From “Donkey Kong” to “Call of Duty,” video games have captured the imagination of generations of players, but what really goes into making Mario or a squadron of Modern Warfare soldiers come to life on your screen?
This spring, teens ages 13 to 18 are invited to NIU’s Digital Convergence Lab to find out.
The Digital Convergence Lab is hosting an after-school Advanced Games Lab that meets Tuesdays from 4 to 6 p.m. from March 13 through May 1. The eight-week class is for students who previously attended a games lab or have done some developing on their own.
Students will get to expand their skills by using a professional-grade software that is new to DCL camps, Unity 3D. Unity 3D is a game editor and engine that allows users to create and publish games for a variety of platforms, including Windows, Mac, Xbox 360, PS3, Wii, iOS, and Android.
Eric Russell, the DCL’s Interactive Media Developer and camp instructor, hopes that working with the software will “demystify 3D games and give students an understanding of how many of their favorite games are made.”
Russell specializes in 3D modeling, animation, and virtual reality and has taught games labs for several years.
“Most of our game camps in the past have focus on creating 2D games, which is the best way to learn the basics of game design. With this advanced camp, we’re focusing on 3D game development, which is intrinsically more complex.”
Russell is looking forward to seeing the stories and game play his students will create with Unity 3D. “By adding to their skillset, students will be able to develop games that should only get better, which is very exciting,” he says.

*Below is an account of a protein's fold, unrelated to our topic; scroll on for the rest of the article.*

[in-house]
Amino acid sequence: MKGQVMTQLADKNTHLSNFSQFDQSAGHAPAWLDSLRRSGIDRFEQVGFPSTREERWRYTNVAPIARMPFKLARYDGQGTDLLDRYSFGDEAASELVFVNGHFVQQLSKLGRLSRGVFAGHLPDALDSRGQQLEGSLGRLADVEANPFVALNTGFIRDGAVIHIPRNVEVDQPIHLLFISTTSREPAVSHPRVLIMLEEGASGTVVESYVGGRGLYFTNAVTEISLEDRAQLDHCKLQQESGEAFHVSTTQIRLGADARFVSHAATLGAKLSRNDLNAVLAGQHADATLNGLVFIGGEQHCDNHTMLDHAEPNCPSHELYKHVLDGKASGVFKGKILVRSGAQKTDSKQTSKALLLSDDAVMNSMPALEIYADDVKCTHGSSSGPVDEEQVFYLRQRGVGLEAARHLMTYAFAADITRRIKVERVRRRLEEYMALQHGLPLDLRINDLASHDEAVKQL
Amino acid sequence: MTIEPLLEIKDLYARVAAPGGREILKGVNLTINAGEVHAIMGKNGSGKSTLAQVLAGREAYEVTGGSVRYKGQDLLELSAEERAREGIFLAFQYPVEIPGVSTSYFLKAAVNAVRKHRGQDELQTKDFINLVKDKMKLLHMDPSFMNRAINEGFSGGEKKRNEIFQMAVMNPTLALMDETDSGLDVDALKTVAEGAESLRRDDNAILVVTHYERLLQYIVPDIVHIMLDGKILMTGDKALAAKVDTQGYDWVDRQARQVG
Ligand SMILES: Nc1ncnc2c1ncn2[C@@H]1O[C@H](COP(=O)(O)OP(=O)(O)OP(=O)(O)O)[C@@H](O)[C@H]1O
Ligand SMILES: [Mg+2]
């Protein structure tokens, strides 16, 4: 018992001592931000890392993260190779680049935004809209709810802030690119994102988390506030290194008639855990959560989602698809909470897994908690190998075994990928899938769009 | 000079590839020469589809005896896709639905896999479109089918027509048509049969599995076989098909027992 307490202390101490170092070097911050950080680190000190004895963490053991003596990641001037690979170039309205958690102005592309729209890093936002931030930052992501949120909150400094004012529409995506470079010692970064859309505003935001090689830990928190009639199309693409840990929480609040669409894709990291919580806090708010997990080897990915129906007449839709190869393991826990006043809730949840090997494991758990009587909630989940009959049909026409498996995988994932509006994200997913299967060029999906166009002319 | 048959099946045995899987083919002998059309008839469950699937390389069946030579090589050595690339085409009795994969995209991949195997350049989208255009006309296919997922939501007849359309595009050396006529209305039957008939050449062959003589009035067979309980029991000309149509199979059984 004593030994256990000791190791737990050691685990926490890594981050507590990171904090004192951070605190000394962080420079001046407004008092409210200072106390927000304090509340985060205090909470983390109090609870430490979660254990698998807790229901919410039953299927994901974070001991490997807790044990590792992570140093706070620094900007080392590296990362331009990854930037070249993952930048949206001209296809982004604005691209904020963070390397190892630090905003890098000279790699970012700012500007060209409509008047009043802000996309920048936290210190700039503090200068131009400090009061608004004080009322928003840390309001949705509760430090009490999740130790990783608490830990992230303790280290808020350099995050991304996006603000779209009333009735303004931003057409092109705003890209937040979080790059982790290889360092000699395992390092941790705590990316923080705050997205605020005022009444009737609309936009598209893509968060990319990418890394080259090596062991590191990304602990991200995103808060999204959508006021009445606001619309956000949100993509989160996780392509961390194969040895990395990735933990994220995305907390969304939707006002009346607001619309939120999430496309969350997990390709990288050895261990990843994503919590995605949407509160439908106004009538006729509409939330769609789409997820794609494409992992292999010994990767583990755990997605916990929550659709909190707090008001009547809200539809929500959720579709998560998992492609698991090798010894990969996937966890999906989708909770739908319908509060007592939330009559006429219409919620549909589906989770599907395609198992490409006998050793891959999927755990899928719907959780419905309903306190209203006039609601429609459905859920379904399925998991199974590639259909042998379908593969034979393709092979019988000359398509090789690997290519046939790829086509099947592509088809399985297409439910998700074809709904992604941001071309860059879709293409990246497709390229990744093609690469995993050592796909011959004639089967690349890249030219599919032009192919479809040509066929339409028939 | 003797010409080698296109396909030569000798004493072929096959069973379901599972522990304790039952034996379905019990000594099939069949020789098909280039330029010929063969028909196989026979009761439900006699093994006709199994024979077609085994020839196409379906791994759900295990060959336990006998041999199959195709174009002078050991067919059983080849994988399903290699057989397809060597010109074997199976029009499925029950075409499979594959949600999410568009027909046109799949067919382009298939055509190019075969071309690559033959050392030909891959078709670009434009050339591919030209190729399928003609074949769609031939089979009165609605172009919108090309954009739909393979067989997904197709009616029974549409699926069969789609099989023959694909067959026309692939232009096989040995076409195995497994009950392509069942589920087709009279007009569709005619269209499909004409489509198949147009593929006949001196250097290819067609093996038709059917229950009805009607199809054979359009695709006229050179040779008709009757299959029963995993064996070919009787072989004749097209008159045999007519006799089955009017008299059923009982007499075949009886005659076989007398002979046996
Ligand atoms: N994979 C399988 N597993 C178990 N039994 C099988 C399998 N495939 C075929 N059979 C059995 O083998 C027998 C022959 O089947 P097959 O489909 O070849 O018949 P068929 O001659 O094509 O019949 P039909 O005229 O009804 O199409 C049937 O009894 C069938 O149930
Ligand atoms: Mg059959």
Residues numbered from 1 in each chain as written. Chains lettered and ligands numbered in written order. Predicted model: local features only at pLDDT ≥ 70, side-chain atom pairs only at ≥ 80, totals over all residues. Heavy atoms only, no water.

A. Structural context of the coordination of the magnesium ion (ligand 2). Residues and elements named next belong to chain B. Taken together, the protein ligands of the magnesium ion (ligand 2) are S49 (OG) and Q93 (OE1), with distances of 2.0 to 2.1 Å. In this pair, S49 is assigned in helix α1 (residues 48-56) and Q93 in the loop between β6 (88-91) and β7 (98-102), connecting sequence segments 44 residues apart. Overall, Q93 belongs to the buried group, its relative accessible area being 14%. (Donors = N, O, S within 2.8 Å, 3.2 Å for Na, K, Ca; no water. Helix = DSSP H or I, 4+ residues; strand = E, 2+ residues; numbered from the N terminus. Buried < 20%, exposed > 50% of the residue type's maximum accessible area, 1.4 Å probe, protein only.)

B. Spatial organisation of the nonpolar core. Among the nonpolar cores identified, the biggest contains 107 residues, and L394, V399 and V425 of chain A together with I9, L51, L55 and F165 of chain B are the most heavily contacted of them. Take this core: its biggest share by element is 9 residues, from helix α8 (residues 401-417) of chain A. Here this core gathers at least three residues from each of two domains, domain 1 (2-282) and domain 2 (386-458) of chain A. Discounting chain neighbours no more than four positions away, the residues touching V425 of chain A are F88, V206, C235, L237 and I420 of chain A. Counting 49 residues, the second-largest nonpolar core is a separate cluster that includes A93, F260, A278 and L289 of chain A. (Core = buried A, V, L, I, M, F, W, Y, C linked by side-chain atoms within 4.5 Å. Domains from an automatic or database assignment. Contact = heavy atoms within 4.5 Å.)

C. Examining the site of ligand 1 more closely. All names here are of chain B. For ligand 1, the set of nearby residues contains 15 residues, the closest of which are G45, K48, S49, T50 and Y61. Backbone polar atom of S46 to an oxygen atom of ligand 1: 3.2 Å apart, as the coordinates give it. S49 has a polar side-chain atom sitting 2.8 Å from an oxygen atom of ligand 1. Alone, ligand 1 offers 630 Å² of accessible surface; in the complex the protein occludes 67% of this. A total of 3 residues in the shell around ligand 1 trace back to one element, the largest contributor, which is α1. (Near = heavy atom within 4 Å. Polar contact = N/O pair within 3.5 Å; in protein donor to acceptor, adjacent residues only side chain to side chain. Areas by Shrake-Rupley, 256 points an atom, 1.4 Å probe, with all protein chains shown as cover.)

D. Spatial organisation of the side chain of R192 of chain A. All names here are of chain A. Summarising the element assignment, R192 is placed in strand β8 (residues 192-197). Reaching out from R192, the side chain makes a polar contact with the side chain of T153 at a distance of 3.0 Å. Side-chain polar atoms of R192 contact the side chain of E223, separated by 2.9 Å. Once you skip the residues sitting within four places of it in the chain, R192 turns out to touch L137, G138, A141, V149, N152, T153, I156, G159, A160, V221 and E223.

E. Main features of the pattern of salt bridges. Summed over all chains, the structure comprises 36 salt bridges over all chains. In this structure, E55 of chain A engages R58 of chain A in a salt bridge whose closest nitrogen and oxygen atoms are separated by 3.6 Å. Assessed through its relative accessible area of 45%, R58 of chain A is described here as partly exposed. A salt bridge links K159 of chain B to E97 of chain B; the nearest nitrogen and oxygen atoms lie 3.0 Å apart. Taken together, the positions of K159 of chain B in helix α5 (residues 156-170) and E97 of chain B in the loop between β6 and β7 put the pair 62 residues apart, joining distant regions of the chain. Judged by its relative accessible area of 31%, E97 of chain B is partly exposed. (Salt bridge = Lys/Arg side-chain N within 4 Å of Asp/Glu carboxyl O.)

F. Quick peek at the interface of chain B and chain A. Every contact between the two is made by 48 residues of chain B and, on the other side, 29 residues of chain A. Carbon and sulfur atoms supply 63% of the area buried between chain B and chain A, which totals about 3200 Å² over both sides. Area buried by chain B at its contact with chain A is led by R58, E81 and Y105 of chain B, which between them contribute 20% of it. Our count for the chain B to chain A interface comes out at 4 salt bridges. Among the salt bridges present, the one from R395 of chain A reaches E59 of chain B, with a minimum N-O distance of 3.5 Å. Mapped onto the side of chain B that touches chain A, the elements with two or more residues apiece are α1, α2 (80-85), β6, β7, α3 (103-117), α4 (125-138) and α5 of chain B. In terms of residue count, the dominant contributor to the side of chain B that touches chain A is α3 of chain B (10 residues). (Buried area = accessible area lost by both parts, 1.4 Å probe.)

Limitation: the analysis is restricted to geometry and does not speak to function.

Students don’t have to be hard-core coders to attend. The classes will explore the technical as well as creative side of game design. Russell and the DCL staff will guide students through lessons on animation, virtual worlds, character design, story development, logic, and even sound effects as they create detailed virtual worlds for their games.
Aline Click, co-director of the DCL, sees game camps as a way to take interested students beyond what they usually learn in school with fun and challenging lessons.
She tries to expose them to new technology and innovative thinking while helping them exercise their creativity.
“Schools are limited in time and resources,” Click. says “They can’t often teach to individuals’ creative interests. Some kids are interested in music, some art and some sports. I think we offer a unique opportunity for kids who are interested in gaming, art and technology.”
The cost per student for Advanced Games Lab is $160. Space is limited, so sign up early.
The DCL also hosts summer camps for middle and high school students, including a game development lab just for girls.
For more information, email Click at [email protected].
by Gillian King-Cargile